WFA survey finds agency trading desks facing challenges from independent models
Brands are seeking greater transparency and control over programmatic buying practices, fueling growth for in-house and Independent Trading Desks.
Agency Trading Desks are still the primary avenue for large brands buying ads programmatically, but the model is facing challenges as demand for transparency rises.
According to a new survey by the World Federation of Advertisers (WFA), 90 percent of large brand advertisers that use Agency Trading Desks (ATDs) are “reviewing and resetting contracts and business models” to gain more control and transparency over the buying process.
More than 70 percent of those surveyed use ATDs as their primary model in all or some global markets. Of those, 42 percent are now working with ATDs at the agency level within the major agency holding companies. Just over half (51 percent) still work with the legacy holding company ATDs such as Xaxis, Accuen and Cadreon. “The shift has been driven by client demand to ensure closer working relationships between their day-to-day agency team and the programmatic buying team, to ensure consistency and simpler reporting,” the report finds.
Independent Trading Desks (ITDs), companies that operate outside of the major holding companies, are gaining favor. ITDs are now used by 46 percent of respondents, an increase of 12 percent from 2014. In-house or hybrid trading desk models are used by more than 20 percent of respondents. That marks a significant shift from 2014, when only a small fraction of WFA members employed in-house or hybrid trading models for programmatic.
In regard to the ongoing controversy of agencies marking up inventory before selling it to their clients, the majority of advertisers expressed their discomfort with the practice. Just 9 percent of respondents using ATDs agreed with the statement “we have ‘opted-in’ to principal trading and are comfortable with the potential conflicts of interest.” A full 62 percent of respondents disagreed with that statement.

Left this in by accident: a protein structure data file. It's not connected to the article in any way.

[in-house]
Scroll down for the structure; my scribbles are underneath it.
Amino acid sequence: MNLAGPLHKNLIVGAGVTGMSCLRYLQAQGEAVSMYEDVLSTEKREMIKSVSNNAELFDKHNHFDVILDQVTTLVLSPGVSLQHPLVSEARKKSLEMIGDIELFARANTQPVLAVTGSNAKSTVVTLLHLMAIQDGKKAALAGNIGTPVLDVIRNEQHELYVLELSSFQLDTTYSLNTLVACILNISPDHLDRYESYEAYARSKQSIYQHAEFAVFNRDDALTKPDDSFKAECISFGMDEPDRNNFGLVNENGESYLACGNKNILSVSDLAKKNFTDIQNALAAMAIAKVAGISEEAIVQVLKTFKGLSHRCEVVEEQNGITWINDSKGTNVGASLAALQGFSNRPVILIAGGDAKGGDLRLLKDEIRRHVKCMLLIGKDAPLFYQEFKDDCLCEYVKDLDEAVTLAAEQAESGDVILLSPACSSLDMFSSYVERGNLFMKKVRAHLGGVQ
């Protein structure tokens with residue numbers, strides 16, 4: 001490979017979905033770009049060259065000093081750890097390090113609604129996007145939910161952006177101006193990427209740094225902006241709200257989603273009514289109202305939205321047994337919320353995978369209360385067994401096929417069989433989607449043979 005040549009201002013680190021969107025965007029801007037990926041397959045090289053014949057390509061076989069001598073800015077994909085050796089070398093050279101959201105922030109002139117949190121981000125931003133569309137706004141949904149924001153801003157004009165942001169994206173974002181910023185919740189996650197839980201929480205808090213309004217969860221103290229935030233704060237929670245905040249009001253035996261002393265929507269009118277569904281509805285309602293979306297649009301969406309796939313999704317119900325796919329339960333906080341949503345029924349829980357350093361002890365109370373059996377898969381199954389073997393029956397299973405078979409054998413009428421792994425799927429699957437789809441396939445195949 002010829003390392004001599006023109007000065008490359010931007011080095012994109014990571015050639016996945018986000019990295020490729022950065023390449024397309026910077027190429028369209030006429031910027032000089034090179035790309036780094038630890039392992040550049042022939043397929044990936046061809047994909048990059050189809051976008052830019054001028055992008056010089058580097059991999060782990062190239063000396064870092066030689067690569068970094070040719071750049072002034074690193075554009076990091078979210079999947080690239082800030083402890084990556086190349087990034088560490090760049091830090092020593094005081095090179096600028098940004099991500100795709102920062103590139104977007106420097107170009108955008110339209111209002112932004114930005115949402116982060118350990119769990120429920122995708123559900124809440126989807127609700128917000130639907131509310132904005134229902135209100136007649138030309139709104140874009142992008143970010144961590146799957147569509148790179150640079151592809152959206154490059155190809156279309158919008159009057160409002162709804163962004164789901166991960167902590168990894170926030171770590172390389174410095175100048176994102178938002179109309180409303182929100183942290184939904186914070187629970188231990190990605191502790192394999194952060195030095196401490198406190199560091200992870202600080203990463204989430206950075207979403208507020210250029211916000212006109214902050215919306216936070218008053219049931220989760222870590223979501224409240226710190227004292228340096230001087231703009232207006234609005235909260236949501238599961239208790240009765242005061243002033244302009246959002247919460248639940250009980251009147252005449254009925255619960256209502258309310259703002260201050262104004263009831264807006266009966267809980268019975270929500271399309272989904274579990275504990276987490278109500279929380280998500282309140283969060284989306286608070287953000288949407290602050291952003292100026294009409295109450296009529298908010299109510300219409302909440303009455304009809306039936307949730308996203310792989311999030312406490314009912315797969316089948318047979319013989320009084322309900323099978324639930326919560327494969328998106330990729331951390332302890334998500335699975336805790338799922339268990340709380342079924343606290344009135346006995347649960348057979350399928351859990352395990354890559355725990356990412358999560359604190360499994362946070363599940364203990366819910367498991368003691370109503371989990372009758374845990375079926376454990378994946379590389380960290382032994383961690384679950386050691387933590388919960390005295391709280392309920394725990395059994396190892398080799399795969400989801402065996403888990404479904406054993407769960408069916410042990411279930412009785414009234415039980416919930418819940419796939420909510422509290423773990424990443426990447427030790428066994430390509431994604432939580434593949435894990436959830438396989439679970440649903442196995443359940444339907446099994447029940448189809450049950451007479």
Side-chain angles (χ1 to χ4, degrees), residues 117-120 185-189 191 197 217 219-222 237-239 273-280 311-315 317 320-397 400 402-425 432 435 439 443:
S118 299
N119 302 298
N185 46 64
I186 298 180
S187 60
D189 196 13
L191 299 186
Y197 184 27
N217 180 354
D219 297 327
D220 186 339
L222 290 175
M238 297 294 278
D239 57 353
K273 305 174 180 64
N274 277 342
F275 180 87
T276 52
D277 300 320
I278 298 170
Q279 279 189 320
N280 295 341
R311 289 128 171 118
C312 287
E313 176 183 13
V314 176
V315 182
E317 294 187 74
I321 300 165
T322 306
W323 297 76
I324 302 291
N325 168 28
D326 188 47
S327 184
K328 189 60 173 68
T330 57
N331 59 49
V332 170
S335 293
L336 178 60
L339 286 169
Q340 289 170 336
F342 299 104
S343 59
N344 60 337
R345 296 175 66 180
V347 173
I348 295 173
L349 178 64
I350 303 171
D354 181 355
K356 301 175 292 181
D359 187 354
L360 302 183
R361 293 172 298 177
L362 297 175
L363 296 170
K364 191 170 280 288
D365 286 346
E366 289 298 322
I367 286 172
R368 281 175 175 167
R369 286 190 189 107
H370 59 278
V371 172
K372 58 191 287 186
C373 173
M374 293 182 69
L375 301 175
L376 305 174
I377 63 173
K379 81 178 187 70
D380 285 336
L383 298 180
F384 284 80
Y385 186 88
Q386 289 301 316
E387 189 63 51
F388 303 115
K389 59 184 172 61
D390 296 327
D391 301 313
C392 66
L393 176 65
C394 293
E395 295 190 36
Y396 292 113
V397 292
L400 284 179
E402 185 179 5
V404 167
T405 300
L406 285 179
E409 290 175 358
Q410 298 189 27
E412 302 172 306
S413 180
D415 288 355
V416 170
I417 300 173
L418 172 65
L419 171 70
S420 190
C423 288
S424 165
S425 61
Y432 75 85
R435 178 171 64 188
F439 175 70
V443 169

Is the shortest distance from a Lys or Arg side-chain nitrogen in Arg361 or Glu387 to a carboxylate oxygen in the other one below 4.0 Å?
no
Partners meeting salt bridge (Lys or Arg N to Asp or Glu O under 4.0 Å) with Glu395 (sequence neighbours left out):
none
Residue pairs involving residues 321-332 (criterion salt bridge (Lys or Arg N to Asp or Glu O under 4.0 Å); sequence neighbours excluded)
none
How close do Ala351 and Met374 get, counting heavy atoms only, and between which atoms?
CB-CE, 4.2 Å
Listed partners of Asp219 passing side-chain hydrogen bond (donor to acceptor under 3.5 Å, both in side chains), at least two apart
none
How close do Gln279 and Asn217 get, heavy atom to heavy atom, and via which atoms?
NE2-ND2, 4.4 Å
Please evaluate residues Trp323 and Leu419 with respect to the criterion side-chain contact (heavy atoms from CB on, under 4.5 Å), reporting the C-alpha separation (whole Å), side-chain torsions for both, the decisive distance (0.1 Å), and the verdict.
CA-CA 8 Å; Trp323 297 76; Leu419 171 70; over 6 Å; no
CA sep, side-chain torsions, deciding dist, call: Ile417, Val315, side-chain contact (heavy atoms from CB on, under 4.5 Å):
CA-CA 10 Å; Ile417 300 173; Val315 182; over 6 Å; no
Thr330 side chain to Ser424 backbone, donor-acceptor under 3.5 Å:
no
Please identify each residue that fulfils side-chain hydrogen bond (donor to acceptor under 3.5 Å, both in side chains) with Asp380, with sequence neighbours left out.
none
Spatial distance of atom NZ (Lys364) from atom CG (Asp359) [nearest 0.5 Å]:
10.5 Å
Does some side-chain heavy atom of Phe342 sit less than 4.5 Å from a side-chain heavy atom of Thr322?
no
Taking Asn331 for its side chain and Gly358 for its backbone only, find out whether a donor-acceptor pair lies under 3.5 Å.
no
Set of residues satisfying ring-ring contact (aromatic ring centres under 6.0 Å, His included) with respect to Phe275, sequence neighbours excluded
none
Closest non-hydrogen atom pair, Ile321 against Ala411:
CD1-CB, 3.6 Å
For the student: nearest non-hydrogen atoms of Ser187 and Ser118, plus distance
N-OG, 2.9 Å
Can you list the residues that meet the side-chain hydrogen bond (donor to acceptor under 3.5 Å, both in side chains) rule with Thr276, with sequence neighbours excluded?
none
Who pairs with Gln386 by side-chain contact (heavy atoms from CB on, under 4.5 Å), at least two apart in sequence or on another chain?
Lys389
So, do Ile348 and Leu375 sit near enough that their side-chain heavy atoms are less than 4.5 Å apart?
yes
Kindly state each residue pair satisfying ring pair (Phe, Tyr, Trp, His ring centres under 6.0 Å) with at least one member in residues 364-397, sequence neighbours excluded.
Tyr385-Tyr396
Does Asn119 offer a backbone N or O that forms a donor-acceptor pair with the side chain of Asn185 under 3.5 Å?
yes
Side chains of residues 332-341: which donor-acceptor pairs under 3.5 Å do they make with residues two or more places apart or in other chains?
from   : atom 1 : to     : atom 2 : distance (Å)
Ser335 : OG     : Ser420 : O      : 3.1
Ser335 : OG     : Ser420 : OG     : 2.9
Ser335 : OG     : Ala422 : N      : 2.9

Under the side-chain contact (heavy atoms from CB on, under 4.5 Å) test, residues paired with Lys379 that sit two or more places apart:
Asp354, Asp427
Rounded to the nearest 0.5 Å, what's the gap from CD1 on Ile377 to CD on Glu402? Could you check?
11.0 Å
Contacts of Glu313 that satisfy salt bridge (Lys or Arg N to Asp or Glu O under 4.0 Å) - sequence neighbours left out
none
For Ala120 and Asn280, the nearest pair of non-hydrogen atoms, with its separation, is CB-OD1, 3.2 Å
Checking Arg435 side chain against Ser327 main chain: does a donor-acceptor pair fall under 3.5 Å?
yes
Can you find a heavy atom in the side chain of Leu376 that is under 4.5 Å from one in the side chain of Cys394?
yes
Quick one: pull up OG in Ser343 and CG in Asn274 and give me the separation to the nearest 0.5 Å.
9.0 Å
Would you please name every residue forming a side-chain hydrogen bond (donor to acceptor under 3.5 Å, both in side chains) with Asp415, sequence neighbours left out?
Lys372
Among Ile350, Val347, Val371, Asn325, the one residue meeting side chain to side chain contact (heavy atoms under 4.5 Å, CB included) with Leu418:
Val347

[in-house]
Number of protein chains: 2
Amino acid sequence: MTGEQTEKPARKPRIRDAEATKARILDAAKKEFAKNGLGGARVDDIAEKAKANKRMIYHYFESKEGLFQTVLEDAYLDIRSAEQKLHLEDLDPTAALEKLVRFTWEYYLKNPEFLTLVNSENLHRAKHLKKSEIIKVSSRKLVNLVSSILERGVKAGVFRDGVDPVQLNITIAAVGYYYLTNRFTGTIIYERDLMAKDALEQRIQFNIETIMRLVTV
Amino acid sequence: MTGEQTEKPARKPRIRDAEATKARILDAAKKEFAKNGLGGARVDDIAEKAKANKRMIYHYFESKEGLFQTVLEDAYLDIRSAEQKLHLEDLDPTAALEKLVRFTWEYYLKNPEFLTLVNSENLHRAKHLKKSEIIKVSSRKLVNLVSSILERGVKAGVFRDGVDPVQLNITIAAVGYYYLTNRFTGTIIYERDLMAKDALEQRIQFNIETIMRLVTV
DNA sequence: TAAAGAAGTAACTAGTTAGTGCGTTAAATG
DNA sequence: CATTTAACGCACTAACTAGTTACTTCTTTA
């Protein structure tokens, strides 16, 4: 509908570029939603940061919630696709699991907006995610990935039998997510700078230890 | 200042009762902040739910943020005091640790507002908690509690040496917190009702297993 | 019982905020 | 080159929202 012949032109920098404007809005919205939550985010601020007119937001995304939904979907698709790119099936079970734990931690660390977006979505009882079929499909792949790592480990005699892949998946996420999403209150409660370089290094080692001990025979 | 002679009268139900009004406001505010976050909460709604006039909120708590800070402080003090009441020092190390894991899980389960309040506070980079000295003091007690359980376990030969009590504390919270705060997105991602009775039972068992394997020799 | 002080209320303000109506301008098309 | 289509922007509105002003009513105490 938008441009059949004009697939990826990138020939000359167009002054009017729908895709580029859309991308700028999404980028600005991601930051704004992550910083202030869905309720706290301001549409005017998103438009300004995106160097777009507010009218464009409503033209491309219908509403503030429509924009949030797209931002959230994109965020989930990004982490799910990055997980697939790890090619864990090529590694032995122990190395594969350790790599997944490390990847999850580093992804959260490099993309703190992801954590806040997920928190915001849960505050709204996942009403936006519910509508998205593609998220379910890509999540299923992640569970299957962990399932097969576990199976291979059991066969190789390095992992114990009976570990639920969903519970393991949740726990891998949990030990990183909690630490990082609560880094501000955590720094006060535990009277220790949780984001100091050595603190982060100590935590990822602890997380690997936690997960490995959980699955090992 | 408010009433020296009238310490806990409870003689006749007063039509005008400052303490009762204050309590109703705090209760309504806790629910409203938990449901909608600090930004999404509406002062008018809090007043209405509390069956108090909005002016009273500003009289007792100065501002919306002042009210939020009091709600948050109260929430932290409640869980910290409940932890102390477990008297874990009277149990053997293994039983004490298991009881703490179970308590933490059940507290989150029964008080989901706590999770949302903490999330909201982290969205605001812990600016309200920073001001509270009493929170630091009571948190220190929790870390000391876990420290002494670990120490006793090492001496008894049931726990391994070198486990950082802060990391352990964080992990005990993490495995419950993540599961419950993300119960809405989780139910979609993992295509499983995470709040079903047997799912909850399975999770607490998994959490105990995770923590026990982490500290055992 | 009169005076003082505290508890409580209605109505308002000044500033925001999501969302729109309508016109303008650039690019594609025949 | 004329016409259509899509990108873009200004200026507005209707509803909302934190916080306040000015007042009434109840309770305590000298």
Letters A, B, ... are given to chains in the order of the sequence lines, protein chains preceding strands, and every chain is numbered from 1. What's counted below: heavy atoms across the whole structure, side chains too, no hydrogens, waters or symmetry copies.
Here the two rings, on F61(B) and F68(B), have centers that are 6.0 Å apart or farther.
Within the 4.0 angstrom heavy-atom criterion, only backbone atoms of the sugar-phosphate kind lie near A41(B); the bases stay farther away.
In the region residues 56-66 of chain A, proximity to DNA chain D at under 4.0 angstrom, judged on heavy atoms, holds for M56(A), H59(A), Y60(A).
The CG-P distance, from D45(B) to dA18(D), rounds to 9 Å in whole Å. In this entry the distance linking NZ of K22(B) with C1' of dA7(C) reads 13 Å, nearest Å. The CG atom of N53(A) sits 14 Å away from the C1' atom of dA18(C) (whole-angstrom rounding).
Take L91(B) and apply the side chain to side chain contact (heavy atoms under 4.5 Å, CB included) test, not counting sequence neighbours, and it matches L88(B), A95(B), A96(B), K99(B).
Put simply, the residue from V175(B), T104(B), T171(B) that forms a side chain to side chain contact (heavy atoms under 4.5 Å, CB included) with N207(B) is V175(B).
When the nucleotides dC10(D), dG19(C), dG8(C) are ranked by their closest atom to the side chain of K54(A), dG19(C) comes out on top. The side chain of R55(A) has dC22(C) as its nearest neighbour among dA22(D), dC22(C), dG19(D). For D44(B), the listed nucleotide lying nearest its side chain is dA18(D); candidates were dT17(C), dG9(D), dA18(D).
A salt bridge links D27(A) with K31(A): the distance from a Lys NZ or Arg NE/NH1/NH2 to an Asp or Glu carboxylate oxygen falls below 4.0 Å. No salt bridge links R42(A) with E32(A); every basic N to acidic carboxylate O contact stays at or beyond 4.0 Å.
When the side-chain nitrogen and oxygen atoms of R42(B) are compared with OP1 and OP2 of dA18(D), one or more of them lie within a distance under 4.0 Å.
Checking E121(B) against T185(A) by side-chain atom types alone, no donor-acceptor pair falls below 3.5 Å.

While 53 percent of respondents described their trading desk operating model as “disclosed/transparentm,” a third of respondents said their trading desk model was “non-disclosed/non-transparent.” In a separate question, 34 percent said their contracts do not preclude arbitrage or principal trading in which the trading desks buy and sell inventory with a markup. Just over a fifth (21 percent) said they didn’t know.
Not surprisingly, Private Marketplace participation is increasing among respondents. A little over half (52 percent) said they are increasing spend on private exchanges with fixed pricing options; a combined 67 percent said they are spending more on private exchanges with invite-only auctions. A quarter of respondents say they are pulling spend out of open exchanges.
What is somewhat surprising is that while demand for so-called premium inventory is on the rise, more than 50 percent of respondents said that half or less of the inventory they bought could be defined as “premium.” Just 9 percent said all of the inventory they bought was premium.
The survey included 59 WFA member companies with a combined ad spend of more than $70 billion annually. Programmatic accounts for 16 percent of their digital ad spend, up from 10 percent in 2014, the year of the last survey. Display accounts for the largest share of programmatic spend, but 45 percent of respondents say they plan to decrease desktop display allocations, which accounted for 38 percent of programmatic spend. Nearly all (98 percent) plan to increase programmatic spend on mobile display and mobile video.
Matt Green, Global Media & Digital Marketing Lead at the WFA, said in a statement:
“Programmatic has expanded rapidly and it’s no surprise that the market and mechanisms that big brands use to spend through this channel are evolving. The rise of in-house, hybrid models and independent trading desks demonstrates that the original trading model left much to be desired. The second generation of trading models is now being built and while agency trading desks still take the greatest share of digital spend there are now real alternatives being developed that give brands more control over data and technology alongside the wider push to ensure greater transparency. Ultimately, there are advantages and disadvantages for each approach and brands should identify the strategic principles which matter to their businesses, as these will govern partner choices.”
Opinions expressed in this article are those of the guest author and not necessarily MarTech. Staff authors are listed here.
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